After a prolonged and ugly flirtation, spring finally committed. The past days of sun, warmth, and breeze were accompanied by slow rain at night that we could hear through our bedroom window. When we woke, sun again, breaking its way through morning clouds and mist. Perfect growing weather.
Not surprisingly, we had an explosion of growth. Some leaves unfurled, others popped open.
(Thanks to the “New Hampshire Garden Solutions” blog (https://nhgardensolutions.wordpress.com/) for introducing me to the beauty of unfolding beech leaves.)
Our flower palette leaned heavily, and a bit garishly, toward yellow and pink.
I have never seen such a bumper crop of dandelions. The fields and lawns around us are covered, keeping our honey bees busy and dusted with yellow. They left our blindingly brilliant azalea to the bumblebees, who shook and vibrated the whole bush so that it seemed to emit its own deep buzzing sound. Amidst all the pink and yellow, there were a few welcome splashes of white. The birds, of course, continued with their manic mating behavior. I finally got a shot of the white-throated sparrow, whose haunting song followed us around the yard. At times, when he sang outside the window and it sounded as if he was inside with us. His song is supposed to sound like “Oh sweet Canada” or “Old Sam Peabody, Peabody.” Ours seldom stops with one “Canada” or “Peabody” and warbles an extra syllable or two at the end as if he wants to draw it out as long as possible. The warblers are back–little, elusive, noisy, flitty things.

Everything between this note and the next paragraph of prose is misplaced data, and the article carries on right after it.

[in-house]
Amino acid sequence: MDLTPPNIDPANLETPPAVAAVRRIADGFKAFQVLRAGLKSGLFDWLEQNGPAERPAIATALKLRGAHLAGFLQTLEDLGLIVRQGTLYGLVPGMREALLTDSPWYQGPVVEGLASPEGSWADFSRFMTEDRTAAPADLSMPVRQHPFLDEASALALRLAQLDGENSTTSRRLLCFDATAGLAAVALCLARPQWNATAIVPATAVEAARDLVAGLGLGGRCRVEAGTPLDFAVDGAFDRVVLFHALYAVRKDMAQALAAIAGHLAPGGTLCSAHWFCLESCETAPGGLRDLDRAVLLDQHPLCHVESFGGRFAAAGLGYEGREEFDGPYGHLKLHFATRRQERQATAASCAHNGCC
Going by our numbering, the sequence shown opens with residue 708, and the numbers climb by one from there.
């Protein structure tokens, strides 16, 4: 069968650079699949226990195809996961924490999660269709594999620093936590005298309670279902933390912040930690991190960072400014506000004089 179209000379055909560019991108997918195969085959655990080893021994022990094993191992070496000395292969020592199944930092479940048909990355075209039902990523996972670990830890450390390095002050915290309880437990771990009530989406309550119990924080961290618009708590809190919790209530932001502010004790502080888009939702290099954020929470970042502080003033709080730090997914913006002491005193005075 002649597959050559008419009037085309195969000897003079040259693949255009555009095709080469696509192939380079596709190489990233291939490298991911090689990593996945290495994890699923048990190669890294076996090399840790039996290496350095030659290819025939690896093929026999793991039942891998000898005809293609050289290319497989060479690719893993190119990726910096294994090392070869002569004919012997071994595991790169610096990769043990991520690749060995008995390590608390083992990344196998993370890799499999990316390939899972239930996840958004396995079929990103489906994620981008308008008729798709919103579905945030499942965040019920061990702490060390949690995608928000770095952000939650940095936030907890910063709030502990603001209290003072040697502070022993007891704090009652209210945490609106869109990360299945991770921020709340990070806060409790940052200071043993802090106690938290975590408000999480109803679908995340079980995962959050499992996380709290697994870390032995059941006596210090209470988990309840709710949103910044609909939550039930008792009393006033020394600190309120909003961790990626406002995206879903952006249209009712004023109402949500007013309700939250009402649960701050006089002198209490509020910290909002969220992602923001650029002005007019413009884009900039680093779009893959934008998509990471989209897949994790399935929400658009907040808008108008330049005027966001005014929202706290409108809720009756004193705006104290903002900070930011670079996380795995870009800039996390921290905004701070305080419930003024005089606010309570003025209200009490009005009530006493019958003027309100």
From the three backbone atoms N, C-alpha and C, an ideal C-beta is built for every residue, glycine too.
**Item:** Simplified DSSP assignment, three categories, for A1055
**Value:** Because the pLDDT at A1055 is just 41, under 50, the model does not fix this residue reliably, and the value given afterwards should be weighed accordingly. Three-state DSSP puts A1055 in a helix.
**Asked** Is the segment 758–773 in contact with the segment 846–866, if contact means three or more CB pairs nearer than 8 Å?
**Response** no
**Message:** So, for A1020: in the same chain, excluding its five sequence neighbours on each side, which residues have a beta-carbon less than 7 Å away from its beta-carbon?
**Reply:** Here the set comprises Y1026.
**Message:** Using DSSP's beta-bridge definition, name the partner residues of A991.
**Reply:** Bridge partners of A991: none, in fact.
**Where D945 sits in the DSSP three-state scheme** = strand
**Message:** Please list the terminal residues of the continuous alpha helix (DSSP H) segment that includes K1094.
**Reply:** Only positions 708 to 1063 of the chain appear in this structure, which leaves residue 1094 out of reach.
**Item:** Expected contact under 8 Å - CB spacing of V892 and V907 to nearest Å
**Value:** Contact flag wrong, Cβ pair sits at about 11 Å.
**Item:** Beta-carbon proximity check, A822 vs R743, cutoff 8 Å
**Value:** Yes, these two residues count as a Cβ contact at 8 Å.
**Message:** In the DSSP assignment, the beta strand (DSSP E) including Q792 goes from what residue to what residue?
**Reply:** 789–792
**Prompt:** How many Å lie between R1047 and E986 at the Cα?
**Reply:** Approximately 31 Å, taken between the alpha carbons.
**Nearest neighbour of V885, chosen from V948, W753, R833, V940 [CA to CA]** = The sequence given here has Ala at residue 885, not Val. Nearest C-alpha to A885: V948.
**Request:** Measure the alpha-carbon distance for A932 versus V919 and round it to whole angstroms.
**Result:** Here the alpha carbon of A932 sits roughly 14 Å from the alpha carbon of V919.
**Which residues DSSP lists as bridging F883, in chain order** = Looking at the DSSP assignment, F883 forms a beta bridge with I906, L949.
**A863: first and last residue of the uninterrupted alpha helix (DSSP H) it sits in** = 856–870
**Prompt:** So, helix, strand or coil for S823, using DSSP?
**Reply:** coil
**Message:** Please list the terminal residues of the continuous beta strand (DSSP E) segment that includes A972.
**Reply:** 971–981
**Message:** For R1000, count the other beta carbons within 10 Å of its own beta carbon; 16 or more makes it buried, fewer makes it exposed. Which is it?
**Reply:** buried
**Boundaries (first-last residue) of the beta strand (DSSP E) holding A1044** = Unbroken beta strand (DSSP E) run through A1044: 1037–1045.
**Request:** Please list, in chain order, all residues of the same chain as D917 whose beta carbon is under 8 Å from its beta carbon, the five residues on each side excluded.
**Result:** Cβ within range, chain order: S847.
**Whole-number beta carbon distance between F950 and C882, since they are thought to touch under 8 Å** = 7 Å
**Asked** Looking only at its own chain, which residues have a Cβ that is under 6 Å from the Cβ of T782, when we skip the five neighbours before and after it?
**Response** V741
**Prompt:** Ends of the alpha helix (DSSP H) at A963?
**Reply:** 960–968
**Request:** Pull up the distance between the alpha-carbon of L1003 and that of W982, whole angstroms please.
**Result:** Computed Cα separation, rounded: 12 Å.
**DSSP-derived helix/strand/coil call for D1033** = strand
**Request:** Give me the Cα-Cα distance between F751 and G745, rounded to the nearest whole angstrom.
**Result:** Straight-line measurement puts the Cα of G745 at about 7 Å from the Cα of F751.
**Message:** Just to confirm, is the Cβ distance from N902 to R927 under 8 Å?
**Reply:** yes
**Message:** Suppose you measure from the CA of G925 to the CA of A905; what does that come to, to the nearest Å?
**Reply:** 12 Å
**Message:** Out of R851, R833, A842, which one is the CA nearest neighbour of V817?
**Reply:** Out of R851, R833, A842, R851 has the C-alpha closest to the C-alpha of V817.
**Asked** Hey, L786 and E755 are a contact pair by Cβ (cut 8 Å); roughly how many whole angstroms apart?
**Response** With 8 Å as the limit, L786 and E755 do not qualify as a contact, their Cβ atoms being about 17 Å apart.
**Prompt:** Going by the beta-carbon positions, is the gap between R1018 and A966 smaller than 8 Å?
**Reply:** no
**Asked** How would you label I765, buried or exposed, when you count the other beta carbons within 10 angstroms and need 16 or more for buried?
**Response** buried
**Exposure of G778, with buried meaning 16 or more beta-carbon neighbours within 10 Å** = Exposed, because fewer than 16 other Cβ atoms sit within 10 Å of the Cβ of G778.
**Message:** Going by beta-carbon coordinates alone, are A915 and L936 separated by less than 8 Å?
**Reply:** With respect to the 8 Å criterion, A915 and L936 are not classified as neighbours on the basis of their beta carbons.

This quaker-plain gray catbird brought me out of the house one morning with his amazing performance mimicking other birds in the yard and warbling through his own personal repertoire.We have a small brook down the street on one of our walk routes. A month ago I took this photo of a lone water strider. This week the striders were all paired up, making for interesting shadows on the sandy brook bottom. It must be strider mating season. The brookside horsetails and ferns always look slightly prehistoric to me.We’ve been working long days planting and getting beds ready for more planting. We already had some little critter dig into a raised bed and shear off several chard plants. He left the leaves in his little exit hole, though. I’m not sure if he intended to come back or if they weren’t to his taste. I fear that he will not be the last garden intruder this year. We saw a woodchuck this week. Perhaps we need to lure our fox family back.
The farmers’ markets are starting up and I brought home this gorgeous white butter from our local water buffalo farm.